Letters to the Church: Romans

Did you know that most of the books that comprise the New Testament are actually letters? In the days of the early Christian church, it was impractical for the apostles to personally visit each fledgling Christian community, so the central tenets of the faith were spread throughout the Near East in the form of letters written to individual congregations.

These letters (also known as “epistles”) contain both general Christian teaching and specific instructions for the congregation to which they were addressed. The “Pauline epistles”—letters written by the influential apostle Paul—are particularly central to Christian belief. This summer, in our “Letters to the Church” series, we’re walking through each of Paul’s epistles. As we do so, ask yourself: what might Paul write to your church today?

The first letter on our tour is the book of Romans.

Paul’s Letter to the Romans

Ruins of the spectacular Roman Forum--the political and cultural heart of the city of Rome. Image by Carla Tavares.

Start reading it here: Romans 1

When was it written? Probably around A.D. 55-57, about 25 years after Jesus’ death and resurrection.

To whom was it written? “To all in Rome who are loved by God and called to be his holy people”—that is, members of the church in the city of Rome, the capital of the Roman Empire.

Why was it written? Paul longed to visit the Christian community in Rome, but his travels and responsibilities toward other churches in the Empire made that difficult. In his letter, Paul mentions a plan to visit the Roman church on his way to Spain.

This letter was written with a number of purposes in mind. Foremost among them was a simple explanation of the gospel of grace; but Paul also wanted to address growing tensions between Jewish and Gentile (non-Jewish) Christians in the church.

What does it say? Much of Romans consists of what might be called a “Gospel presentation.” Setting a model that Christians continue to follow today, Paul outlines the basics of the Christian gospel, hitting all of the key points: God’s holiness, mankind’s sin, and the saving grace offered by Jesus Christ. He then moves on to talk about how believers, once they’ve been justified by faith, should respond to that gift of grace. Paul’s approach is logical and thorough—he clearly and thoughtfully lays out his case, anticipating questions and taking time to explain the more challenging elements. He is careful to ground his message of the Gospel against the backdrop of the Old Testament.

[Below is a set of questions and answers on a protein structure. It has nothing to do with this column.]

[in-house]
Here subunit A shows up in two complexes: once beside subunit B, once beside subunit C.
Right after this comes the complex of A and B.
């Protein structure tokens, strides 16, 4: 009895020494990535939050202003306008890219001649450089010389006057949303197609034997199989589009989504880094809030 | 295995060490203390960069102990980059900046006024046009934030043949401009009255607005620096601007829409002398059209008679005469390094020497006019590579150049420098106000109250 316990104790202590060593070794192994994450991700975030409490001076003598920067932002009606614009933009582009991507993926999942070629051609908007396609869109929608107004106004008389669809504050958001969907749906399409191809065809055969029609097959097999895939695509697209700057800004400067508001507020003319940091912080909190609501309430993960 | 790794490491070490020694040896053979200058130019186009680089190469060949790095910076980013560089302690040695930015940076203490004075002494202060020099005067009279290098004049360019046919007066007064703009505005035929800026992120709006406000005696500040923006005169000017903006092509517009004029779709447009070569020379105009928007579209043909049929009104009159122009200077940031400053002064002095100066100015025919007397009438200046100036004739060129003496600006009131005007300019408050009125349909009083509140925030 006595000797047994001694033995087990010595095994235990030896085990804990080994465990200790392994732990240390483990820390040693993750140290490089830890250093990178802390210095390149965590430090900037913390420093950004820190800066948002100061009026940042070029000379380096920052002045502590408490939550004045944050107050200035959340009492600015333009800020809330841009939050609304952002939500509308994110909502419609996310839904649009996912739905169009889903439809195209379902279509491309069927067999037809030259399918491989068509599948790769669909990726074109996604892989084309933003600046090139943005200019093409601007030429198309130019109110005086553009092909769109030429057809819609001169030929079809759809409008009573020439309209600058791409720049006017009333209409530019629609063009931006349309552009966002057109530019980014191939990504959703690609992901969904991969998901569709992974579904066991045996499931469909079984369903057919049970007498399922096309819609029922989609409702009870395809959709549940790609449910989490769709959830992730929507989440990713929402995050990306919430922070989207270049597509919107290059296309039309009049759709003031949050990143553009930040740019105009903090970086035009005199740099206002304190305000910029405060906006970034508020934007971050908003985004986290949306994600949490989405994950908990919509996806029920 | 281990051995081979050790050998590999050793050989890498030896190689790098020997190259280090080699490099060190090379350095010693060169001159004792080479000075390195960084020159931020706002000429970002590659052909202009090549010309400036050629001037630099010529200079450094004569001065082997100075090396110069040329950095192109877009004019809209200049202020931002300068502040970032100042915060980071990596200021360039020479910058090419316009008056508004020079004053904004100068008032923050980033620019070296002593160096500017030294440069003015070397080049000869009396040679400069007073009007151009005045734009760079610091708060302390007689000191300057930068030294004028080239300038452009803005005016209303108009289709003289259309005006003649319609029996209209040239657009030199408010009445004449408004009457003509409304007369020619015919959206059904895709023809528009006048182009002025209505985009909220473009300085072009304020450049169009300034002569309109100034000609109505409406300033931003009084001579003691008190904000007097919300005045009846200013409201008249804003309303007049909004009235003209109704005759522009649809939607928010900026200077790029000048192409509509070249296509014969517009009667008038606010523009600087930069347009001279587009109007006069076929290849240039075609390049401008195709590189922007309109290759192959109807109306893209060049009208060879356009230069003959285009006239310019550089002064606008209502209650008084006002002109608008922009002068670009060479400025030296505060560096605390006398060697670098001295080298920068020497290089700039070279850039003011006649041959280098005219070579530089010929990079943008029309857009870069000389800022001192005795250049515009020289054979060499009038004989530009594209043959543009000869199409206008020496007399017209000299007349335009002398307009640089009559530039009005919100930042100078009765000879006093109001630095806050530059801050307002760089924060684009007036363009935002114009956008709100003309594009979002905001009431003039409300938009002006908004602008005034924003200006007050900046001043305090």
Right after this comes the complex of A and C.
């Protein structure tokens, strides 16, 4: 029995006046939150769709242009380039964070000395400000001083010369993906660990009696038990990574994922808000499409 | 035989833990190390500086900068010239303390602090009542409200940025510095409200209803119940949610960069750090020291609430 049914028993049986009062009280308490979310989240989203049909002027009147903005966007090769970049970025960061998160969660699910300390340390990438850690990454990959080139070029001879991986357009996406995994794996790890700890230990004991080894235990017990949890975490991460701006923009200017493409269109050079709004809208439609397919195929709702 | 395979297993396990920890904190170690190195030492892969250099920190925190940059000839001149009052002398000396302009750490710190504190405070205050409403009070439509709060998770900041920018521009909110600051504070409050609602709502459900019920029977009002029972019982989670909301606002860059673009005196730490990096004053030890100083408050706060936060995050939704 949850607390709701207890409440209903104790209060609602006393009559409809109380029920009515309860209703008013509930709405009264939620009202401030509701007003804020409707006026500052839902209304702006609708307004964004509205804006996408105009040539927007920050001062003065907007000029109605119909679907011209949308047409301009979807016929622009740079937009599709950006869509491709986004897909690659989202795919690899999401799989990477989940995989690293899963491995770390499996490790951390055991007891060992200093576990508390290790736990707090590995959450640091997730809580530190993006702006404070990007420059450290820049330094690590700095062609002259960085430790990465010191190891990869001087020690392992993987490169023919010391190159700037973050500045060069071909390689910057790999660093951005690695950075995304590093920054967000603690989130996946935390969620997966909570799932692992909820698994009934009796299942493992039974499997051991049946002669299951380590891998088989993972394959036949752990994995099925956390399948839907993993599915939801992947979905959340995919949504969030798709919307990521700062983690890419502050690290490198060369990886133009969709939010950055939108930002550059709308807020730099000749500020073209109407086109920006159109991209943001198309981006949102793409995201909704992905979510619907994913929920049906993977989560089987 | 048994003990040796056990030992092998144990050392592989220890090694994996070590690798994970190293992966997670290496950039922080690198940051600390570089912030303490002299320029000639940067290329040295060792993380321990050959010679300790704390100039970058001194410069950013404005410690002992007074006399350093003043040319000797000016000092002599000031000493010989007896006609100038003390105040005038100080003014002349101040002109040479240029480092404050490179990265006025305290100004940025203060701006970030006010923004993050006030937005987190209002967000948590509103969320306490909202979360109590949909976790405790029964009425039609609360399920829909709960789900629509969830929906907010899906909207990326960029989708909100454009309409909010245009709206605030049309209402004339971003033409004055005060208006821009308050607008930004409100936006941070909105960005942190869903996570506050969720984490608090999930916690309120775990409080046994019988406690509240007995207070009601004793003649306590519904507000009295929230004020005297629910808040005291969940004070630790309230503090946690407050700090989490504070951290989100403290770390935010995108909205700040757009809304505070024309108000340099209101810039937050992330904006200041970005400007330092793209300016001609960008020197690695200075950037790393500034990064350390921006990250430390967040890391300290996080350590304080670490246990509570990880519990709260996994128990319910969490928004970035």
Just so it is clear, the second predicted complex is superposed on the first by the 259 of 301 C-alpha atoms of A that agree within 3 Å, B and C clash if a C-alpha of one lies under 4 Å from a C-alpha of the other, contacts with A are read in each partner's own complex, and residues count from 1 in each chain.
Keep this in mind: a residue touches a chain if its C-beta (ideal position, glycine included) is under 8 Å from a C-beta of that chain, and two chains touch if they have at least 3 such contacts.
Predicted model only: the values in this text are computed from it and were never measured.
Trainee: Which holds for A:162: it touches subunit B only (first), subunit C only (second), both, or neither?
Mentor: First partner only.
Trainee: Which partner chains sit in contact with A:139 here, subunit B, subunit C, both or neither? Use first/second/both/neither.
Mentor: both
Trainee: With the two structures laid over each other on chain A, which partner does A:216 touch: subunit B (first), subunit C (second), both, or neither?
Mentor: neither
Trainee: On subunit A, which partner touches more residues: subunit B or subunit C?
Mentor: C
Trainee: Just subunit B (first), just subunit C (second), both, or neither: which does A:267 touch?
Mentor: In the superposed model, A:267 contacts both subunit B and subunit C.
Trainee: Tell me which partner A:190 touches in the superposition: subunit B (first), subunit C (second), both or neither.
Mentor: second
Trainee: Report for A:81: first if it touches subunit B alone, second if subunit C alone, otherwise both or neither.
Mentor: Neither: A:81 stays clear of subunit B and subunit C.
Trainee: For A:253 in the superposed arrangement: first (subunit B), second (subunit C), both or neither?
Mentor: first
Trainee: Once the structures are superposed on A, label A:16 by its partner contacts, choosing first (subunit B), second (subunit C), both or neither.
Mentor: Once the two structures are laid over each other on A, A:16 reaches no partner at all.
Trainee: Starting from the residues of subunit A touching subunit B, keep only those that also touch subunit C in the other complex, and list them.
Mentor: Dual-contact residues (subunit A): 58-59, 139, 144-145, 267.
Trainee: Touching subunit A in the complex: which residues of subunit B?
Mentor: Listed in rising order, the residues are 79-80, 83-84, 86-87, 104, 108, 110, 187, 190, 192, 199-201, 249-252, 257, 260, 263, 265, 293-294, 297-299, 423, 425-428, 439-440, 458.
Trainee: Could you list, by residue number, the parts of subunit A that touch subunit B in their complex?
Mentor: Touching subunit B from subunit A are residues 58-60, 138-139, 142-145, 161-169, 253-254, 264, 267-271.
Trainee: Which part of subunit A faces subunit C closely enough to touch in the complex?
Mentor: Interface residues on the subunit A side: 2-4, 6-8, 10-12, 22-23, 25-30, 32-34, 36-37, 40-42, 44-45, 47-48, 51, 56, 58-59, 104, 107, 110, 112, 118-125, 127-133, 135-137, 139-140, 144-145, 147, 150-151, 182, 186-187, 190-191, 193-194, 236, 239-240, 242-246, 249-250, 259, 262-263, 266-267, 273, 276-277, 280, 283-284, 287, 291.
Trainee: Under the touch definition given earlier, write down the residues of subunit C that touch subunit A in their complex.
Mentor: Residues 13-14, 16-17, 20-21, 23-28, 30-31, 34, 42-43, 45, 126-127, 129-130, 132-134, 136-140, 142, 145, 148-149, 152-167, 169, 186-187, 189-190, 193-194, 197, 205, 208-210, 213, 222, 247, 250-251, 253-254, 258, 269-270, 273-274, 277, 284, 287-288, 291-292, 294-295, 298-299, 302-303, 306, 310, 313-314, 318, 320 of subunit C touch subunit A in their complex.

The letter also spends a good deal of time addressing a troublesome rift that was dividing Jewish and Gentile believers in Rome. Early Christians were faced with some important questions about the roots of their faith: what was Christianity’s relationship to the Jewish faith? Was is necessary for Christians to observe Jewish laws and behavioral restrictions? Was it wrong for Jewish believers to adhere to Jewish traditions? Paul’s message to both factions was a plea for unity in Christ: although following the Jewish law could not bring salvation outside of Jesus Christ, Paul challenged everyone in the Roman church to show grace and tolerance to fellow believers who, for reasons of conscience, followed different rules about diets, holidays, and other religious practices.

Noteworthy passages: Given the centrality of the book of Romans to Christian theology, there are far too many key passages to note all of them here. However, a few that especially stand out include:

  • Romans 1: Paul introduces himself with beautiful, graceful words that communicate both his passion for Christ and his love for the church.
  • Romans 7:14ff: The classic description of the “dual nature” that plagues every Christian. Paul perfectly describes the believer’s struggle to live for Christ while continually resisting the temptations of sin.
  • Romans 12: How then shall we live? Paul describes what a Christian life looks like.
  • Romans 14-15: How to approach “matters of conscience”—tensions that arise when some Christians feel compelled to observe practices or restrictions that others consider unnecessary. In brief: be gracious, humble, and generous at all times, and this won’t be a problem.

What can we learn from Romans? The book of Romans is a powerful, important letter than can be appreciated by any church. Its clear outline of the Gospel speaks for itself. And even the issues that were specific to the 1st-century Roman church—the tension between Jews and Gentiles—have clear relevance to the diverse, worldwide Christian church today. It’s probably simpler to just encourage you to read the book of Romans instead of trying to sum up its many key points. Consider these questions as you read:

  1. Why do you think Paul took the time to lay out the Gospel so clearly, rather than dive straight into the church-specific issues that needed addressing?
  2. What picture of the Roman church do you gather by reading Paul’s letter?
  3. Your church probably isn’t divided over the Gentile/Jew question. What issue might Paul have addressed instead if he were writing to your church today?
  4. Imagine that you’ve received this letter from Paul. What might you write back to him in response?

Hopefully this has given you a bit of introductory insight into the book of Romans. Like all of the New Testament epistles, it’s not a long read—you won’t regret taking 30 minutes to read through it this week!

Next up: Paul’s first letter to the deeply troubled church in Corinth.

Related posts:

  1. Comparing Versions of Romans 7:14-20 Side-by-side
  2. Romans 12 read at the Royal Wedding
  3. Monday Morning Scripture: Philippians 1:12-30
  4. New Poll: How is Your Church Celebrating Holy Week?
  5. New Poll: On What Days Did You Go to Church Last Week?

Posted by Andy

Filed under General, Letters to the Church